Greetings Shipheads. From the land down under, it is I, Muttonchop. Feeling refreshed and full of vigor, I’m here to give you my take on the Oculus Rift, as off track and rambling as it may be! Bear with me: it’ll be worth it.
Before I begin, I need to point out that any opinion I have is formed from my time using one of the earlier dev kits provided to developers. There was a booth set up specifically for showcasing the latest build of Oculus, but unfortunately due to time constraints and the fact it was hidden away in a corner of the convention centre, I didn’t get a chance to get in early and have a hands on with it before the lines got ridiculously long. I also need to point out that I am a shit reviewer. I have a hard enough time explaining directions to someone in an area I know, so if I ramble or get sidetracked, bear with me.
But enough of that, on with the preview!
We experienced Oculus with Lunar Flight, a lunar lander game in which, at least in the demo, you were tasked with taking off and landing at various points on the moon’s surface. For the Oculus Rift demo, you didn’t have control of the lander at all. It was an on-rails demo flying you from point A to point B. You could, however, look around the cabin. The first thing I noticed was the low resolution. I could see the red/green/blue of the individual pixels if I looked closely enough. To be fair, if I was actually playing the game and dealing with everything it takes to keep the lander in one piece, I probably wouldn’t have noticed it as much. I was assured though that the screen resolution was one of the major upgrades for the latest version of Oculus.
The next thing I noticed was that my head movement in correlation to head movement in game was 1 to 1. There was a small gap between the headset and the bridge of my nose which I used to my advantage to see what the perspective was like. In the game, your character does actually have a body and when I looked at my character’s chest, I was looking through the gap and noticed the orientation was spot on: I was looking at the exact same spot on my chest. The same went for when I checked the positioning of both shoulders, so whatever gyroscopic system they are using to sense the position of the headset is perfect, even in such an early build of the system. One extra thing I should point out in relation to the precise head movement was its use for accessing the systems in the lander. As you look around, when you look at something that you can access, a small arrow comes up beside it, at which point you could press a button and access that system. The headset was also extremely precise. I’ve seen with some of the older VR units, if you had your head focused on one spot, even if you kept your head perfectly still, the image would still twitch, jump and move around a tiny bit, which could still be enough to throw your aim off what you’re trying to shoot or access. That’s not something that’s a problem with Oculus.
I’d also like to mention the 3D depth in the glasses, and the game. For example, while sitting there, I actually tilted my head/body to the left and right to see if the head position was fixed. It isn’t. There was a view screen at the top/centre above the main viewing point, and I was curious if I could look around it. I could. As I tilted to the left and right, I could actually look behind the roof mounted monitor and see a section of the lander’s canopy which would have otherwise been blocked from view if it was a fixed viewpoint. There are so many different and interesting ways that this could be applied if the system is actually capable of detecting your movements along all three axes. I could imagine it would be a bit more of a headache for developers though, having to create an environment which would include areas that you may not ever need to model for in a standard game as there isn’t a chance that the player would ever normally see it.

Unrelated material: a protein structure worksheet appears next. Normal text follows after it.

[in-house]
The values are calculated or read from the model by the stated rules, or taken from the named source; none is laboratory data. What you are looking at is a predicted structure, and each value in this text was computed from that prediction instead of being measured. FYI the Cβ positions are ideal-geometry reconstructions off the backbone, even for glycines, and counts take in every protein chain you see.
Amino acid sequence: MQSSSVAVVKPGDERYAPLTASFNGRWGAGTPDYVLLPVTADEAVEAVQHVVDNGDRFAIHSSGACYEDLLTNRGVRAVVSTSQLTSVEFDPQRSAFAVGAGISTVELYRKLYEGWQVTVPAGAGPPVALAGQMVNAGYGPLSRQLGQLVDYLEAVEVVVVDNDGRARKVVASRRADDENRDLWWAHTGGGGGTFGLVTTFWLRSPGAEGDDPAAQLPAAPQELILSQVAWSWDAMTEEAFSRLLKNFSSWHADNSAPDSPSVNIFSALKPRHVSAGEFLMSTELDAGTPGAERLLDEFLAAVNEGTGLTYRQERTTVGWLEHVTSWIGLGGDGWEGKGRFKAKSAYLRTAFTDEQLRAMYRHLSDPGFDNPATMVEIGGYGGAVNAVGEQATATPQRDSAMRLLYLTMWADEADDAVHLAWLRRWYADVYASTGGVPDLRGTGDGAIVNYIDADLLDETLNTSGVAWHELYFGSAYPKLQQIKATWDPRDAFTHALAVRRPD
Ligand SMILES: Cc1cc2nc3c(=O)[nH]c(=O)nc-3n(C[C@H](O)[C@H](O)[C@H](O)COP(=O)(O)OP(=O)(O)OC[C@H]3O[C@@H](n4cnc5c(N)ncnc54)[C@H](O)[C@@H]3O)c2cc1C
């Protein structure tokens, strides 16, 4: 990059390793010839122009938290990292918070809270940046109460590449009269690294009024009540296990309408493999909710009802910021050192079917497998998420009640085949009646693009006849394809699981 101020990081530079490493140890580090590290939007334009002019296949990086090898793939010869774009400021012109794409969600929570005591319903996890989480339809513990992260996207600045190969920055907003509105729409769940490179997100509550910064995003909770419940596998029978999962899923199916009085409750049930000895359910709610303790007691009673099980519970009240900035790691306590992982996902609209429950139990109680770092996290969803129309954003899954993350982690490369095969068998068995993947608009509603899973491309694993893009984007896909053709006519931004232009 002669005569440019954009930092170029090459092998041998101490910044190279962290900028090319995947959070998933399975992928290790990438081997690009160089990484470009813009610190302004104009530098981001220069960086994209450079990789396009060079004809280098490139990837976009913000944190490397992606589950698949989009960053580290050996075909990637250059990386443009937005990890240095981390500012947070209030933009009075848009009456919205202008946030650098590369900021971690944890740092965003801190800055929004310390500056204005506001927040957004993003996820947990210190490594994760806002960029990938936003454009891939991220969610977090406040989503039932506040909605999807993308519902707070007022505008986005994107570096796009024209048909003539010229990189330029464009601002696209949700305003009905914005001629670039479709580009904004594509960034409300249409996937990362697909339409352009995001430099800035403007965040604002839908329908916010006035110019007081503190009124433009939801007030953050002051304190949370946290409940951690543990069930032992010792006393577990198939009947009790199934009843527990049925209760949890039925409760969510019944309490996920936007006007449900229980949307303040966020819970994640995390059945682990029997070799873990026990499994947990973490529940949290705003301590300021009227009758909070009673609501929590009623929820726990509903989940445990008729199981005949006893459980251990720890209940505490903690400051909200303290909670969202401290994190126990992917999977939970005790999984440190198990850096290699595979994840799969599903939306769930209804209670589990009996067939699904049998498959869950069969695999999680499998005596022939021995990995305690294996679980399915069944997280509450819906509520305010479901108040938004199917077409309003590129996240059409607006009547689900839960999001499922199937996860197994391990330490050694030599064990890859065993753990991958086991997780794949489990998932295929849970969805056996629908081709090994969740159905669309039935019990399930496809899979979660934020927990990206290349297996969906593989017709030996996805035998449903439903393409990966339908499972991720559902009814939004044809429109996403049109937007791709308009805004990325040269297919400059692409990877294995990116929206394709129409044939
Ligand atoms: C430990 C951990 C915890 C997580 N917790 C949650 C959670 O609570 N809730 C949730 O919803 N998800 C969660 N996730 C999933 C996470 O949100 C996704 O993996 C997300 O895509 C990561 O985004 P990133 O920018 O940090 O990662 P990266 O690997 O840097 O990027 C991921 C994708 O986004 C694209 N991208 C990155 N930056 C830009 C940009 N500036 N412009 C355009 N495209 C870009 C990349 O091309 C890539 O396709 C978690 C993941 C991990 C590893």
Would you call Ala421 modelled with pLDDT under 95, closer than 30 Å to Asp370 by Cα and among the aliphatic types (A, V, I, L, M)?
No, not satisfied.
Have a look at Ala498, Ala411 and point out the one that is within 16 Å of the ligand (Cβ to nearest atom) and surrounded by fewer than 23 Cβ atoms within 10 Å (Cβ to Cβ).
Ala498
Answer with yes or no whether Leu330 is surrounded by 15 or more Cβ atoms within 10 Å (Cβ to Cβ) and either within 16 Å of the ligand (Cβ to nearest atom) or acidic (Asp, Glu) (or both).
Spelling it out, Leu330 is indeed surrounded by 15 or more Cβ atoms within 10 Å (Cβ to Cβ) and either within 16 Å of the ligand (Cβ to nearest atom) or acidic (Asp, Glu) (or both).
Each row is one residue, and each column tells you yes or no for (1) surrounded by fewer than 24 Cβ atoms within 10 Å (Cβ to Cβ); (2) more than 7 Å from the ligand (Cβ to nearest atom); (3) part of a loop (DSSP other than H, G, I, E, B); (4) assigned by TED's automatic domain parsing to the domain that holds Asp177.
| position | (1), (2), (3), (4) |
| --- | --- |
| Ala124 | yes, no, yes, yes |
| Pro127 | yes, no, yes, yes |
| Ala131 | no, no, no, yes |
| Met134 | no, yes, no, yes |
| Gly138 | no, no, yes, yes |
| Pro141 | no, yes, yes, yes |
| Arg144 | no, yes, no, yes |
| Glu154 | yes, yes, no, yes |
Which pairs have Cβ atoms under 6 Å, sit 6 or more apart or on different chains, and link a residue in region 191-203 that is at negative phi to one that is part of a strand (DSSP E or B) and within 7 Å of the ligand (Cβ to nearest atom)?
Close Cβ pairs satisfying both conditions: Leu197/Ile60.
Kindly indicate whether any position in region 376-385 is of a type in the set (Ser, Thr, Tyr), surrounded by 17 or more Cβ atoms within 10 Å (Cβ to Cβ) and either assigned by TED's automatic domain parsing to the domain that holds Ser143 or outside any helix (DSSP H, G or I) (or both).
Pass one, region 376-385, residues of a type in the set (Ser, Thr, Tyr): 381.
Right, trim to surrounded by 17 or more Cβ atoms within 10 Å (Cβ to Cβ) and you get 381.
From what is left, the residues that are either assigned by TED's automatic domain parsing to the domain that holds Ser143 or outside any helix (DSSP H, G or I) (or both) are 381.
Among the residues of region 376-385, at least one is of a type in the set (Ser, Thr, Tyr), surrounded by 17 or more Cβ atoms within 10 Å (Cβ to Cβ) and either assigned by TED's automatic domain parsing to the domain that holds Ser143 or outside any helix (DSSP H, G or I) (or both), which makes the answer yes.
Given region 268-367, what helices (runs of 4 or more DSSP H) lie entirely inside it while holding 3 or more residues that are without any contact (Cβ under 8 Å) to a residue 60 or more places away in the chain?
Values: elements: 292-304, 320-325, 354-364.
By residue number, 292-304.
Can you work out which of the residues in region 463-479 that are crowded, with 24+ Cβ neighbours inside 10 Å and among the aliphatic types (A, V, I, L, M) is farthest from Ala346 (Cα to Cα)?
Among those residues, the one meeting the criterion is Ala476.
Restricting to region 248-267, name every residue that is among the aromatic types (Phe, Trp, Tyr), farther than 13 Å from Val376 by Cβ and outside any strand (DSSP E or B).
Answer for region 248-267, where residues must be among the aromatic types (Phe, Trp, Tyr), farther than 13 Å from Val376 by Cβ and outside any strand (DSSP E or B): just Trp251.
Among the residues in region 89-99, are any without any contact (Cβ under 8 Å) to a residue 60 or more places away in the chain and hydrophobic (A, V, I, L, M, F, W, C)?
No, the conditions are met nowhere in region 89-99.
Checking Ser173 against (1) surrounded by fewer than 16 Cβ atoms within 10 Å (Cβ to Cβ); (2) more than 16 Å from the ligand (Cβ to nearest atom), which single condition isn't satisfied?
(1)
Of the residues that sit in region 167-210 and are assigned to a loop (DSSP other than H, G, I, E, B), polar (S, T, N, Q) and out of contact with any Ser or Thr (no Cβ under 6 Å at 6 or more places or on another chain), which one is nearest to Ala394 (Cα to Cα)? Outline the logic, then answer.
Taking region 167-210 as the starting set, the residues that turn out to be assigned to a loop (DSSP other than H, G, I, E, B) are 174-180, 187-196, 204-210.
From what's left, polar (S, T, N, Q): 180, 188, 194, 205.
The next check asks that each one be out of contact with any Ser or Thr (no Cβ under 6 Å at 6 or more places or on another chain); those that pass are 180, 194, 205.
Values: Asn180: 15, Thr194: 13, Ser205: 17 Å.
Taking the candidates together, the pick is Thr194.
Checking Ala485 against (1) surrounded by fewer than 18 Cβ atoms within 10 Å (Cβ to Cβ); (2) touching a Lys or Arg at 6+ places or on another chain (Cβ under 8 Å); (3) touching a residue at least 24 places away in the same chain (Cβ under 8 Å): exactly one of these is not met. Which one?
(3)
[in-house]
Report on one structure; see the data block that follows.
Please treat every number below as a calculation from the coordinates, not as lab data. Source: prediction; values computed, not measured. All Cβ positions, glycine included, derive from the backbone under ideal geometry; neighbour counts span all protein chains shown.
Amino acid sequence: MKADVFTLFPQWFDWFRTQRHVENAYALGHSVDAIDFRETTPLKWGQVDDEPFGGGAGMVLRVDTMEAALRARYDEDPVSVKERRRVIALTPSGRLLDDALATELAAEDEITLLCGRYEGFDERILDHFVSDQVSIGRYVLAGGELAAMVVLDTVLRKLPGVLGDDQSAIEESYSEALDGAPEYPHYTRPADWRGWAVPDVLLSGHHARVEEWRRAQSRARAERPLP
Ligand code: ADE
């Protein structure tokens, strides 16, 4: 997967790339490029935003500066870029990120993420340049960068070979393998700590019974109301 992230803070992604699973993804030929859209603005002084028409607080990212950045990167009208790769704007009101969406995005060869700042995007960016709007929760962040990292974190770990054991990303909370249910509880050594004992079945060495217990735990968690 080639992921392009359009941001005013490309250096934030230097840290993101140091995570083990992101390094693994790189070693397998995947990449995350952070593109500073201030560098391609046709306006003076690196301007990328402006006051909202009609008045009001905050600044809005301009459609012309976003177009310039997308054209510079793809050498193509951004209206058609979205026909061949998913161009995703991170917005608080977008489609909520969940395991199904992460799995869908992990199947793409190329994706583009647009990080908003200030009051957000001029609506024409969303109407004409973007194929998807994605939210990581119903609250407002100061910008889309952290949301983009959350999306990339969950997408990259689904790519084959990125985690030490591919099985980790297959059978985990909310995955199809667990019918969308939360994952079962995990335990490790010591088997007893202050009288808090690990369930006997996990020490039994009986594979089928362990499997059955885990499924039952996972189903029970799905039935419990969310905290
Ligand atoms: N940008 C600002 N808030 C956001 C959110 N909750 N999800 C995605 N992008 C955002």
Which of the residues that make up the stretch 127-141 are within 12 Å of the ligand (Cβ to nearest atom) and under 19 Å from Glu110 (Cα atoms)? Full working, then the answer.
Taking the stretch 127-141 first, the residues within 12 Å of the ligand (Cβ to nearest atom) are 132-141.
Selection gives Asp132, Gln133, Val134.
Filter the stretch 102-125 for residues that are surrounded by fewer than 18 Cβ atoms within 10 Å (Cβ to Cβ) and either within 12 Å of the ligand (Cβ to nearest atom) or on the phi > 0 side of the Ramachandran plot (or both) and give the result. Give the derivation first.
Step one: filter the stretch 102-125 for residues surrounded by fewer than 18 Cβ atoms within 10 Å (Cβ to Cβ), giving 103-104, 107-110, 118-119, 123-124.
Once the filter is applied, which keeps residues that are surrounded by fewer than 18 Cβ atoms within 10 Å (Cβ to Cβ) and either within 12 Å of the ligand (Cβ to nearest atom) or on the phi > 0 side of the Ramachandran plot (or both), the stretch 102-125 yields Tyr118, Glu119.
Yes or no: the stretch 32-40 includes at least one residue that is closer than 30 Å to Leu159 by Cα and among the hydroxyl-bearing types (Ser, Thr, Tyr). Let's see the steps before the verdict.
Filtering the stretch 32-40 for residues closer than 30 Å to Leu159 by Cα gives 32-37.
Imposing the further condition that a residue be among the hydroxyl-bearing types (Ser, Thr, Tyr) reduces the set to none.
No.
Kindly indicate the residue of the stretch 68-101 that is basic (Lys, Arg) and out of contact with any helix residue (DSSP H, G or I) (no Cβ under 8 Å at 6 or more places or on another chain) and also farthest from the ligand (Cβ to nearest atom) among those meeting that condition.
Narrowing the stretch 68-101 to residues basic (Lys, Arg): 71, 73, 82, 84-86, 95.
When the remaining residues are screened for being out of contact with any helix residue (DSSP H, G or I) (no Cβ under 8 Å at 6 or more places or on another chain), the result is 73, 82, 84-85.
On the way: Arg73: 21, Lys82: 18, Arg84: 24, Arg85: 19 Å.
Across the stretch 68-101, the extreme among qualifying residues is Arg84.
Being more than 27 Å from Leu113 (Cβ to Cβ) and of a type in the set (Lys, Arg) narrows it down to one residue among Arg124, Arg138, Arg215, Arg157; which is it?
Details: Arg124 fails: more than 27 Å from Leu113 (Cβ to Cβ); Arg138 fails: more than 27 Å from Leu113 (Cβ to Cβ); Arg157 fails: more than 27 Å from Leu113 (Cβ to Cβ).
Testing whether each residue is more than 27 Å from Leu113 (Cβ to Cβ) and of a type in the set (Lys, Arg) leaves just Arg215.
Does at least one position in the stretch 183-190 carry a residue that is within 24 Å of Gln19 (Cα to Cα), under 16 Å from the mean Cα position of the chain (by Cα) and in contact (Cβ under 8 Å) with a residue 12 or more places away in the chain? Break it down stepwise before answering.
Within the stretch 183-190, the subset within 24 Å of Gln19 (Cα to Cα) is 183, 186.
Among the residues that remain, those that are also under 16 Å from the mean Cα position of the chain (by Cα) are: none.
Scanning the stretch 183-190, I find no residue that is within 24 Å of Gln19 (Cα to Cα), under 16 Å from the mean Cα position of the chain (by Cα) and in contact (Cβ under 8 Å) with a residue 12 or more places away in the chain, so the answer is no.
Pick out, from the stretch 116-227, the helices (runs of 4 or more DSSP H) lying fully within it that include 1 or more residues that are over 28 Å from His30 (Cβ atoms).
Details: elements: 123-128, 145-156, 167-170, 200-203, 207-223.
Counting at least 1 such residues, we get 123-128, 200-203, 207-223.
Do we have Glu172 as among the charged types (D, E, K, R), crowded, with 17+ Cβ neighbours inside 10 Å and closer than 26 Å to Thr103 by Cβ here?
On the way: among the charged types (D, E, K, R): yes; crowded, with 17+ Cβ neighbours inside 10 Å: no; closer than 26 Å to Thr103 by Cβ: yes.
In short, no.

Some of the concerns that have been spoken about many times over is how it will affect people who wear glasses, as you definitely cannot wear them whilst wearing the headset. Never fear, the developers have heard your concerns. The screens/lenses can be manually adjusted/focused by players who may not have the best eyesight, which was demonstrated to me when a large portion of those gamers who wore glasses were able to slip on the headset with no worries. There were still those who had problems adjusting, but hopefully this is something that will be fixed in later builds of Oculus.
One of the things I didn’t like was the motion blurring. Move your head too fast and the image just became one big headache inducing blur. Slow movements were the key to a reasonably clear image, although there was still a certain level of fuzziness to the picture even when you weren’t moving your head much, if at all. This could be an issue if you’re in a life or death situation where quick precise movements are the difference between victory or defeat. In the time it takes for me to hold my head still and wait for the image to clean up, I’m already dead. Once again, this should hopefully be something that improves with later builds, both through the resolution of the screen, and improvement of the imaging software for the unit.
Overall, I like what I saw, and I see the potential for the future. If the newer builds of Oculus Rift can fix the problems with the headset as I saw them, then the future looks very bright indeed for virtual reality. If they can do it at the price I’ve heard ($300 to $400), even better. If I had to give this a tentative score, I’d say 3 out of 5 Ships, based on this iteration of the hardware.
Below is a video from Lunar Flight with the dual screen perspective of Oculus Rift. Have a watch – it shows a little of how the OR is calibrated, as well as the practical implementation in game.